3.2. Detection of Gmhsp17.6-L mRNA Transcripts Using Ribonuclease Protection Assay Technique
The RPA performed to check for a possible Gmhsp17.6-L gene inactivation due to AT(n) insertion inside the promoter region, showed that both resistant (PI595099) and susceptible (BRS133) parents, in inoculated and non-inoculated treatments, expressed the small heat-shock transcript, encoded by Gmhsp17.6-L gene (Figure 6). In Lines 01 and 02 susceptible parental BRS133 in inoculated and non-inoculated treatments, respectively, is shown while resistant parental PI595099, in inoculated and non-inoculated treatments, is presented in Lines 03 and 04, respectively.
3.3. Gmhsp17.6-L mRNA-Transcript Level Quantification Using Quantitative Real-Time PCR (RT-qPCR) Methodology
Graphics resulting from RT-qPCR analysis showed Gmhsp17.6-L expression levels in resistant (PI595099) and susceptible (BRS133) parents (Figure 7) and in individuals from both populations (256-S, 259-S, 266-S, JF7002, JF7027, and JF7056) (Figure 8), inoculated and non-inoculated with J2 nematodes. All results indicated that resistant samples, with longer AT(n) insertions when inoculated with the pathogen, presented a higher Gmhsp17.6-L gene expression level when compared to susceptible samples. However, in population analysis, JF7002 (AT(33)), JF7027 (AT(32)), and JF7056 (AT(31)) samples indicated even higher levels of Gmhsp17.6-L expression, not only when inoculated, but also in the non-inoculated plants, suggesting that these individuals have higher levels of heat-shock transcripts in unstressed conditions and that this level is raised further when plants are submitted to nematode infection.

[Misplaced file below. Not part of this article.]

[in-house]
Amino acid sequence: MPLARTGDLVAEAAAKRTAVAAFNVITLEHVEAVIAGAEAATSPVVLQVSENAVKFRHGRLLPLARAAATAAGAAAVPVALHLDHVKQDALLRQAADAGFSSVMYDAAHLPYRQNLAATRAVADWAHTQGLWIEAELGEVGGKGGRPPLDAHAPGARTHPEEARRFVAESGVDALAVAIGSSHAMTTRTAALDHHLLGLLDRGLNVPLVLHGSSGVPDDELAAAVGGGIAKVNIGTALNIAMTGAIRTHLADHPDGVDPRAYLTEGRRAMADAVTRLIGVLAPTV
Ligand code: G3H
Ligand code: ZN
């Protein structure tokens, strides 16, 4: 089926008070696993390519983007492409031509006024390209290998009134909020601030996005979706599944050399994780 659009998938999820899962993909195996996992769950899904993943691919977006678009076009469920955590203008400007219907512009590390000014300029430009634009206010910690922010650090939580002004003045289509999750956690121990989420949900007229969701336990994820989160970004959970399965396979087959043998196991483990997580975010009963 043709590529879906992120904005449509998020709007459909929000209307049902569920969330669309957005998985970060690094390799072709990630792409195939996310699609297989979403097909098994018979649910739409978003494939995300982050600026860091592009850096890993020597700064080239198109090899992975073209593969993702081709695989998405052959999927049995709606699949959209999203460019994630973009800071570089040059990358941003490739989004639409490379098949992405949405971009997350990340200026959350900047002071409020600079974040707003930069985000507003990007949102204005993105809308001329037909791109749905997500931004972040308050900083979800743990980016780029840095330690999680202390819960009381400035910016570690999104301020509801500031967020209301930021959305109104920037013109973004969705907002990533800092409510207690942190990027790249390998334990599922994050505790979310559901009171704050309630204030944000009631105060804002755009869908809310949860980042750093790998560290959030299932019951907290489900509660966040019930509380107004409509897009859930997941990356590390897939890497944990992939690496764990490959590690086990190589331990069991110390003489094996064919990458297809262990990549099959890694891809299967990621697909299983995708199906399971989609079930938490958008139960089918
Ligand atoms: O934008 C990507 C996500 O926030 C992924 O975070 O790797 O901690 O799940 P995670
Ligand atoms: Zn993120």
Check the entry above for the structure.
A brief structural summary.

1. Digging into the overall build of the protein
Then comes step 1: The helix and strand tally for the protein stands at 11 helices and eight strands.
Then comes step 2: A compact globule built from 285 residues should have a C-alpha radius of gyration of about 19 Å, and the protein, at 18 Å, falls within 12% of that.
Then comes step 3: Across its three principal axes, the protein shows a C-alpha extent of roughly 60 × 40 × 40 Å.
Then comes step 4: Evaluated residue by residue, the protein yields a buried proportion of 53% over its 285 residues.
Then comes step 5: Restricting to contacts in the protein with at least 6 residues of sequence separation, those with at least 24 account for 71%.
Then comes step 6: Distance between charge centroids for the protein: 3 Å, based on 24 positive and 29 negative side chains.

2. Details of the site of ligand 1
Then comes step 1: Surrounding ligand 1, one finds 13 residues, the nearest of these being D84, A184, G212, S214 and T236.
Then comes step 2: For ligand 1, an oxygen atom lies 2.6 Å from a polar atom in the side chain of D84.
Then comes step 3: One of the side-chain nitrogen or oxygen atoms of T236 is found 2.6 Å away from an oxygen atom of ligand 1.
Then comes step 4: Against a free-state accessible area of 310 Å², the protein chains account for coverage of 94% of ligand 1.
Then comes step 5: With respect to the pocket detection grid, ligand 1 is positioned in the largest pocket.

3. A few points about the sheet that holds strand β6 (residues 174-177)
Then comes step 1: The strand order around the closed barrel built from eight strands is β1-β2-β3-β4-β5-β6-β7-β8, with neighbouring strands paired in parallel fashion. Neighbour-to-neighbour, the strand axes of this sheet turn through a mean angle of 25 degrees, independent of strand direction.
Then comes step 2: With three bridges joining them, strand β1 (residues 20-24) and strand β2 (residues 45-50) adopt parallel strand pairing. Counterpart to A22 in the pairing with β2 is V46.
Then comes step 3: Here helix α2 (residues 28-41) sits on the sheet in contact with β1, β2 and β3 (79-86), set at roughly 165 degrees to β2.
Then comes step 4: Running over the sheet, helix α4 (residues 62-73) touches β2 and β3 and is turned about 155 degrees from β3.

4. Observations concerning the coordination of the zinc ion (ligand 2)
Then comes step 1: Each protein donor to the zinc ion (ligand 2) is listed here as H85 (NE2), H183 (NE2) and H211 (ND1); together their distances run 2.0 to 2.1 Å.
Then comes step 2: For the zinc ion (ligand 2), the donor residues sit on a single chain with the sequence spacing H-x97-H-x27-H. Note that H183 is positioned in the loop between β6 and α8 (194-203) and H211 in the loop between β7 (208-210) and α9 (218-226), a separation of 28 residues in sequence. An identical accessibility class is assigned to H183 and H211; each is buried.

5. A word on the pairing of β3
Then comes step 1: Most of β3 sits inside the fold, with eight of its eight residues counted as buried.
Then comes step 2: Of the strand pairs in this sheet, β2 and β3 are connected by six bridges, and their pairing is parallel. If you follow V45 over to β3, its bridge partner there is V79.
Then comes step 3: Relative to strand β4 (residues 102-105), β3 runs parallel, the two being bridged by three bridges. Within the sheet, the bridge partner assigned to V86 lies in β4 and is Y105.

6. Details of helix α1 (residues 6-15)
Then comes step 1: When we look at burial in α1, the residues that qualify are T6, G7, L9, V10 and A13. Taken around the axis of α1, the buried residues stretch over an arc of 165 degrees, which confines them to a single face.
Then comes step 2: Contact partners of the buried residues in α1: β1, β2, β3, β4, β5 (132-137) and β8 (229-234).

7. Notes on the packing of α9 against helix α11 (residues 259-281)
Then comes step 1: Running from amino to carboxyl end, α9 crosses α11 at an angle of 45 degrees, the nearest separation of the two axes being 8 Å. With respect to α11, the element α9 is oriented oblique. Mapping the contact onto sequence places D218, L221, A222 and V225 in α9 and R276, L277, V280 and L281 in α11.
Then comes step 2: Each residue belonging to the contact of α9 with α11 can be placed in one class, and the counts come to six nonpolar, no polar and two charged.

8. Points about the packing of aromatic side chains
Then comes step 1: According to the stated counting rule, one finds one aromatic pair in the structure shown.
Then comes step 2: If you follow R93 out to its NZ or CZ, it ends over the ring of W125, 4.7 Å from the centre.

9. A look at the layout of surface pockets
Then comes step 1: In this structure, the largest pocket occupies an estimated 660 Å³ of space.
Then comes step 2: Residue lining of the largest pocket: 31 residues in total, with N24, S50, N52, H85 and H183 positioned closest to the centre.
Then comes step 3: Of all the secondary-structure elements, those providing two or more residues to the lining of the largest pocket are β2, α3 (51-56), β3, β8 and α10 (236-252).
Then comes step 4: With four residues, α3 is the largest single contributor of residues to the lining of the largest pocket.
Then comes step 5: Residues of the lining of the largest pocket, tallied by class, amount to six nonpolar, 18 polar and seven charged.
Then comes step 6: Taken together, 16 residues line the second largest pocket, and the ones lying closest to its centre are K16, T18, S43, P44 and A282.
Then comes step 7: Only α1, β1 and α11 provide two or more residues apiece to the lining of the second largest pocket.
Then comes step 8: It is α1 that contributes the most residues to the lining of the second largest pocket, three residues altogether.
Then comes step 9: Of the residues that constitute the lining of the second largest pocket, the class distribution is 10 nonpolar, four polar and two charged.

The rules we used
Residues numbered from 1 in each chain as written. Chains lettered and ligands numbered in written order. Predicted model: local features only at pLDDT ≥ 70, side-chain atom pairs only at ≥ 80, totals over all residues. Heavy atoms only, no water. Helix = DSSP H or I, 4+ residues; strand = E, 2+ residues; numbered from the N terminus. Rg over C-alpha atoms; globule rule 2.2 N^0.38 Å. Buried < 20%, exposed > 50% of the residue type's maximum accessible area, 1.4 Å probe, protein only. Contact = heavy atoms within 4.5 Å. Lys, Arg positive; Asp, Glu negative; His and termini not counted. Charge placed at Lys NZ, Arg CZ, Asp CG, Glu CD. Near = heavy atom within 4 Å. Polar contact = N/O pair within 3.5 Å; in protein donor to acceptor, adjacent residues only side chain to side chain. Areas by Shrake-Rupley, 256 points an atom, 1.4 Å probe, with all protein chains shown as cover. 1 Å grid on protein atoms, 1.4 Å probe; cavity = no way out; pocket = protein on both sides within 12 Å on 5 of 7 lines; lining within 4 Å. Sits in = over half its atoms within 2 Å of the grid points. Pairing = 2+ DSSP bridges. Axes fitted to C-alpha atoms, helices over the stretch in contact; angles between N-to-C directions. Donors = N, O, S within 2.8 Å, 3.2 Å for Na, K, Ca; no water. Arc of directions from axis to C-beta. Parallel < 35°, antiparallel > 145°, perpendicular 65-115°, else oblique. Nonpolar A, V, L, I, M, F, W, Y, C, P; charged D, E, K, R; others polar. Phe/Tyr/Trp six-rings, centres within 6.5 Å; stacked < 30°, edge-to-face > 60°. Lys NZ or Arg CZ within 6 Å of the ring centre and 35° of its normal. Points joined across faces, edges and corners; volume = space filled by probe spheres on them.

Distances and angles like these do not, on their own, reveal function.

The presence of a gene located next to the 176 Soy HSP marker, in soybean’s F linkage group, indicates that this region can play an important role in nematode resistance, as already described in the literature; various authors have shown significant correlations between molecular markers and phenotypic responses related to nematode infection, such as infection score and number of galls per plant [4–6].
After being sequenced, this SSR marker showed high homology with the Gmhsp17.6-L promoter region. Although this molecular marker at first was amplified only in susceptible samples, a set of different primers was able to amplify it in resistant samples as well; why the amplification does not occur in resistant plants, even though homology for the SSR primers exists, is a matter for further discussion and study. A possible explanation for the nonamplification of 176 Soy HSP marker is that the superior number of AT repetitions found, in the promoter region of resistant plants, might form a hairpin structure, for example, making difficult the amplification process by the Taq DNA polymerase, consequently inhibiting the formation of amplicons.